Post Employment Obligations - Part 2

Posted on 14 November 2013

In part one (1) of our blog on post employment obligations we looked at why employer's feel the need to incorporate post employment restraints clauses and the increasingly common inclusion of "cascading clause' in employment contracts.

In our second blog on post employment obligations we analyse the case of HRX Holdings Pty Limited v Pearson and discuss how the Court determines whether a post employment restraint is reasonable and enforceable at law.

Reasonableness of restriction

The Court will look at a range of factors when evaluating whether a restraint clause is reasonable. These factors include the following considerations:

  • whether the employee had access to confidential information that goes beyond mere know how, and is in a position to use that information to the employer's detriment;
  • the nature of the work of the employee being restrained, taking into account the employee's seniority and the employee's role and duties including the level of contact the employee has with clients;
  • whether current staff are being recruited or poached by former colleagues;
  • the interests of the employer including the nature, locations and goodwill of the employer's business and the location of the employer's clients;
  • the scope and duration of the restraint, including the time and area proposed to be covered by the restraint;
  • benefits to the parties from entering the restraint; and
  • the bargaining position of the parties.

Mr Pearson

In the recent case of HRX Holdings Pty Limited v Pearson the Federal Court of Australia reviewed whether a post employment obligation was reasonable. Mr Pearson was HRX Holdings Pty Limited (HRX) Managing Director and signed a contract that had a clause that restrained him from engaging with a business or operation similar to or competing with the business of HRX for a period of two (2) years after termination. Mr Pearson executed the contract and acknowledged that the restraint reasonable as he had:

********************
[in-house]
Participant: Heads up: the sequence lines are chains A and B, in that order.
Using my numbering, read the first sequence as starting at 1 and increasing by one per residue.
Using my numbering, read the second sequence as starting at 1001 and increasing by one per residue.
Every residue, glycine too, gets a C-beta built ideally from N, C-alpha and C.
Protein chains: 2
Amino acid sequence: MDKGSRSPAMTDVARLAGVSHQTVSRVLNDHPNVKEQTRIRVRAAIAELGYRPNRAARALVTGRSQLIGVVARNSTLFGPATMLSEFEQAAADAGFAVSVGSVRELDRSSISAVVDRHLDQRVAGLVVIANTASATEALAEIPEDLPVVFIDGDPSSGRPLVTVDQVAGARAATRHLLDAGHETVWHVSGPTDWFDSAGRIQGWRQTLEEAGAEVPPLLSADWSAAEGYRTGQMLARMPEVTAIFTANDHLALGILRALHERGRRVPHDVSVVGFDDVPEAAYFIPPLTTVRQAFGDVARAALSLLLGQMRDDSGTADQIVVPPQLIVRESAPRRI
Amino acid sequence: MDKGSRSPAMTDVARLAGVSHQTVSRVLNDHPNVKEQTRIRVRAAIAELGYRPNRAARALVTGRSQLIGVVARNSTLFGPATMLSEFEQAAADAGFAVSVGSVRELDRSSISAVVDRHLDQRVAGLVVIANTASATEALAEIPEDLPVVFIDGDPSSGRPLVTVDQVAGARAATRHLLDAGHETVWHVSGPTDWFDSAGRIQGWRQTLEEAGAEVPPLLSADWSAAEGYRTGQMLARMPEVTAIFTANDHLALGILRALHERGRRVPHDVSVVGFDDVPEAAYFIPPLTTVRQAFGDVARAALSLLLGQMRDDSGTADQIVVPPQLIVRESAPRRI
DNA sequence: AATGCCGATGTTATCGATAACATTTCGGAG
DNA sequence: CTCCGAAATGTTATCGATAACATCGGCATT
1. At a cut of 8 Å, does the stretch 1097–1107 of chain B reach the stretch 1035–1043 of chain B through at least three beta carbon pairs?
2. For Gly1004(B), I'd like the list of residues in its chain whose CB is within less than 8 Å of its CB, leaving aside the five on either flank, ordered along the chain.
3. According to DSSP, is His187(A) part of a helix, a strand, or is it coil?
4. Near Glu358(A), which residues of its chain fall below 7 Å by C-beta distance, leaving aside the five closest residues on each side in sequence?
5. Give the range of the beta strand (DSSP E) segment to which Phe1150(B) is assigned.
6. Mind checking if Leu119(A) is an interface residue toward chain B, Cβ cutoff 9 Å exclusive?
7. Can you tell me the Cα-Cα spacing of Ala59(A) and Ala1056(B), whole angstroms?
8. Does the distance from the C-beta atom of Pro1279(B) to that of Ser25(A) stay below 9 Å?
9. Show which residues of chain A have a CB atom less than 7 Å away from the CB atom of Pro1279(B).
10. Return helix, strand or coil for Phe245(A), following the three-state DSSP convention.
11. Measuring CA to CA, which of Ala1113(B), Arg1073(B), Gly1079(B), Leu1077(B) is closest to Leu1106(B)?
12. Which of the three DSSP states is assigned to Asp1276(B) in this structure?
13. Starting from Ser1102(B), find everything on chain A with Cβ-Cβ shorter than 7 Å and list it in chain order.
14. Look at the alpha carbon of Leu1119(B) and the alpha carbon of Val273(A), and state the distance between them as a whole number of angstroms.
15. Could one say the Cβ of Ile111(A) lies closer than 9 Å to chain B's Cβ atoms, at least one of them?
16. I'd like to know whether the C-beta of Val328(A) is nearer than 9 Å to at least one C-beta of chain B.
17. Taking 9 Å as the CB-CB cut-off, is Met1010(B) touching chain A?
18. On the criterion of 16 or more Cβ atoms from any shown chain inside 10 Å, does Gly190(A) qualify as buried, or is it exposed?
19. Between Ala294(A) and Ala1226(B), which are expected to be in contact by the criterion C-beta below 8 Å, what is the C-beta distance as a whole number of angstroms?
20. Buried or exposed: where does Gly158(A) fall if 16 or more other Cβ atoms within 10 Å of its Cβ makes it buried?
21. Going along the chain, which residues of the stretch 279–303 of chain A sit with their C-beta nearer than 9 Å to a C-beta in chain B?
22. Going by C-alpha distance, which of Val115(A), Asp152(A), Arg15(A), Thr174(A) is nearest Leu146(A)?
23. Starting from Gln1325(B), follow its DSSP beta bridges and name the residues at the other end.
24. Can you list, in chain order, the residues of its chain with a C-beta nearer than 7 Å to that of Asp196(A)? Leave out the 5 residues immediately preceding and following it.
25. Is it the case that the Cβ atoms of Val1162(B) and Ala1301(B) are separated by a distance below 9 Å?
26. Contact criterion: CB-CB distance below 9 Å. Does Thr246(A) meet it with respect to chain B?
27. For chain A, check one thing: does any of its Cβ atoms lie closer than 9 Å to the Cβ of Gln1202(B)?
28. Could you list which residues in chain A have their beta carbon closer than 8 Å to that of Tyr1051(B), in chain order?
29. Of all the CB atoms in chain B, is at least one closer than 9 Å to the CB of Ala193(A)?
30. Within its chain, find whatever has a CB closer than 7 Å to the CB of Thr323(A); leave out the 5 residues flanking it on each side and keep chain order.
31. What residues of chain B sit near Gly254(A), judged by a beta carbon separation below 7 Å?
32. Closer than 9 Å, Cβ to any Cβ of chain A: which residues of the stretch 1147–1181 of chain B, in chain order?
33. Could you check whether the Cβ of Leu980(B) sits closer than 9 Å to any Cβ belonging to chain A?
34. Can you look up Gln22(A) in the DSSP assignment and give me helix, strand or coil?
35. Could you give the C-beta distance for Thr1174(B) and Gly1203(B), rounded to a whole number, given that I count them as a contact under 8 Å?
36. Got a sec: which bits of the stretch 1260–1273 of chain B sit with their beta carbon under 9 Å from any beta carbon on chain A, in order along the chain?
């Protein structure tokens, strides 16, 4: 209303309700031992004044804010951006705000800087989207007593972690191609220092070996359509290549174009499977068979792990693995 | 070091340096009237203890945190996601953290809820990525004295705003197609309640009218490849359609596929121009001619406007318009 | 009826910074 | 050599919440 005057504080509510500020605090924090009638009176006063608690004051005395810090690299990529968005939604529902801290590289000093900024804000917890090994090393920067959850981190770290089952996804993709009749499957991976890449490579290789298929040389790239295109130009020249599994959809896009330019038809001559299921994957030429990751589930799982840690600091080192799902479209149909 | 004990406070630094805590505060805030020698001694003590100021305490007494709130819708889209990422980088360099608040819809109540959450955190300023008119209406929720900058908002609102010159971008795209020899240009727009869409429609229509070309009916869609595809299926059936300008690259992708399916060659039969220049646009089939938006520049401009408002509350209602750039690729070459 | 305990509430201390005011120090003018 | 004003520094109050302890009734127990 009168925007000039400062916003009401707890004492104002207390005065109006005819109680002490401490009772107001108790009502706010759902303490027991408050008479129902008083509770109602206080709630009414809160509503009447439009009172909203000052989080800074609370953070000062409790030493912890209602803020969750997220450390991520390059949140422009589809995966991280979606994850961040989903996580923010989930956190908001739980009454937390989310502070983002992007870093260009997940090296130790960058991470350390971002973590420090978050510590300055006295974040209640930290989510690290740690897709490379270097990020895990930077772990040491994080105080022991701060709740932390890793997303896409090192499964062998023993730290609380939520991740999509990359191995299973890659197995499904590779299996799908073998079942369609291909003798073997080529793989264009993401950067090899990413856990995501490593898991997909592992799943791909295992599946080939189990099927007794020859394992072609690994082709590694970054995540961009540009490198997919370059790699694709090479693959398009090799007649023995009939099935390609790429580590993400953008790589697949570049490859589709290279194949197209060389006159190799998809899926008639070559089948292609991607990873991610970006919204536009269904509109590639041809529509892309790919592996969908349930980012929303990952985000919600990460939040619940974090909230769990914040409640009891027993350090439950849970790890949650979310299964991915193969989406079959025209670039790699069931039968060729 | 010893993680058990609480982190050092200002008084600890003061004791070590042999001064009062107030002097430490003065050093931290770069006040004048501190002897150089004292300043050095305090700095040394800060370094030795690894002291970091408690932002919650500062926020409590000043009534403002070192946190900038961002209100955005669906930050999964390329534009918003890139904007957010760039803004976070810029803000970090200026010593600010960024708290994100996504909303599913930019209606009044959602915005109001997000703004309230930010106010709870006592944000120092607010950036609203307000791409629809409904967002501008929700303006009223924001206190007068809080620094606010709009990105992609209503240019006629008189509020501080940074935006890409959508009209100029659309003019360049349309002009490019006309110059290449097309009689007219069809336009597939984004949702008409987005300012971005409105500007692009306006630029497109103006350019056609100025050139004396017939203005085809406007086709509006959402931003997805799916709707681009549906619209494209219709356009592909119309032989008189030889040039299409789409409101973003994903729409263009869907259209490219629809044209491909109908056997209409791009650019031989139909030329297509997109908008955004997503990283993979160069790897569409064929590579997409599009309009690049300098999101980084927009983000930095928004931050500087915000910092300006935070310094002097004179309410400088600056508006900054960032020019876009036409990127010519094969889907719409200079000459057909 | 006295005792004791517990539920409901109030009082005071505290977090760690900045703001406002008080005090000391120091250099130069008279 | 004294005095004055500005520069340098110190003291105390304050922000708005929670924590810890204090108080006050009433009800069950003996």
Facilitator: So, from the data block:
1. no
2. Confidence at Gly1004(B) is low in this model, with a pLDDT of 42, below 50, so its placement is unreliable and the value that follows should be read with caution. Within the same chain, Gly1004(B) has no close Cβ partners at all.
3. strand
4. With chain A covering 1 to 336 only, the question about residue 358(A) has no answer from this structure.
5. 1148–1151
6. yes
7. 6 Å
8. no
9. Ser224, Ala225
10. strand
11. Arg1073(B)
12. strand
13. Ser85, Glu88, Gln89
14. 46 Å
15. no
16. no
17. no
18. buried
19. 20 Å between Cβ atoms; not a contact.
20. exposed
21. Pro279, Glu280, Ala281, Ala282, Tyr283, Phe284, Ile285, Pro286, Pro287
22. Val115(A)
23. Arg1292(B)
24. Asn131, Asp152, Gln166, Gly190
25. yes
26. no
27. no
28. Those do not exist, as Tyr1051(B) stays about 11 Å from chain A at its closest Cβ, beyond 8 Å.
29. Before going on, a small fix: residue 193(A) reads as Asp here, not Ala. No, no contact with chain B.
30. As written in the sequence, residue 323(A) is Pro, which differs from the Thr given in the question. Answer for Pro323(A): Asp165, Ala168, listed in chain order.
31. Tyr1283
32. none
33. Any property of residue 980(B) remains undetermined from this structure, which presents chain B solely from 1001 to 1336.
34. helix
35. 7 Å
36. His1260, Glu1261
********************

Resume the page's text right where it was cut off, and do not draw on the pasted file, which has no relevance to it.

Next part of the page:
• was granted shares in consideration of the restraint;
  • intimate knowledge of inside workings of HRX; and
  • agreed that any a breach of the restraint would be detrimental to HRX's business interests.

In addition, the clause required HRX to continue to pay Mr Pearson for 21 months of the 24 month restraint period. Mr Pearson resigned from HRX and not only accepted a job with a competitor, but encouraged his new employer to poach two (2) executives employed by HRX.

The Court evaluated the evidence in and in his judgment Justice Buchanan considered the following factors in determining an outcome:

  • HRX's policy on post employment restraints;
  • that both parties agreed to the terminology in the clause;
  • the consideration (shares and salary) given to Mr Pearson for accepting the restraint;
  • Legal and accounting advice given to Mr Peardon prior to the agreeing to the restraint;
  • Negotiations held between both parties leading to the execution of employment contract; and
  • Mr Pearson's acknowledgement that restraint was reasonable.

After assessing the above criteria Justice Buchanan found in favour of HRX and ordered that Mr Pearson be restrained from being engaged with the competitor in any capacity during the full term of the restraint period.

If your you need your post employment restraints reviewed in order to ensure that the restraints are reasonable we please contact us.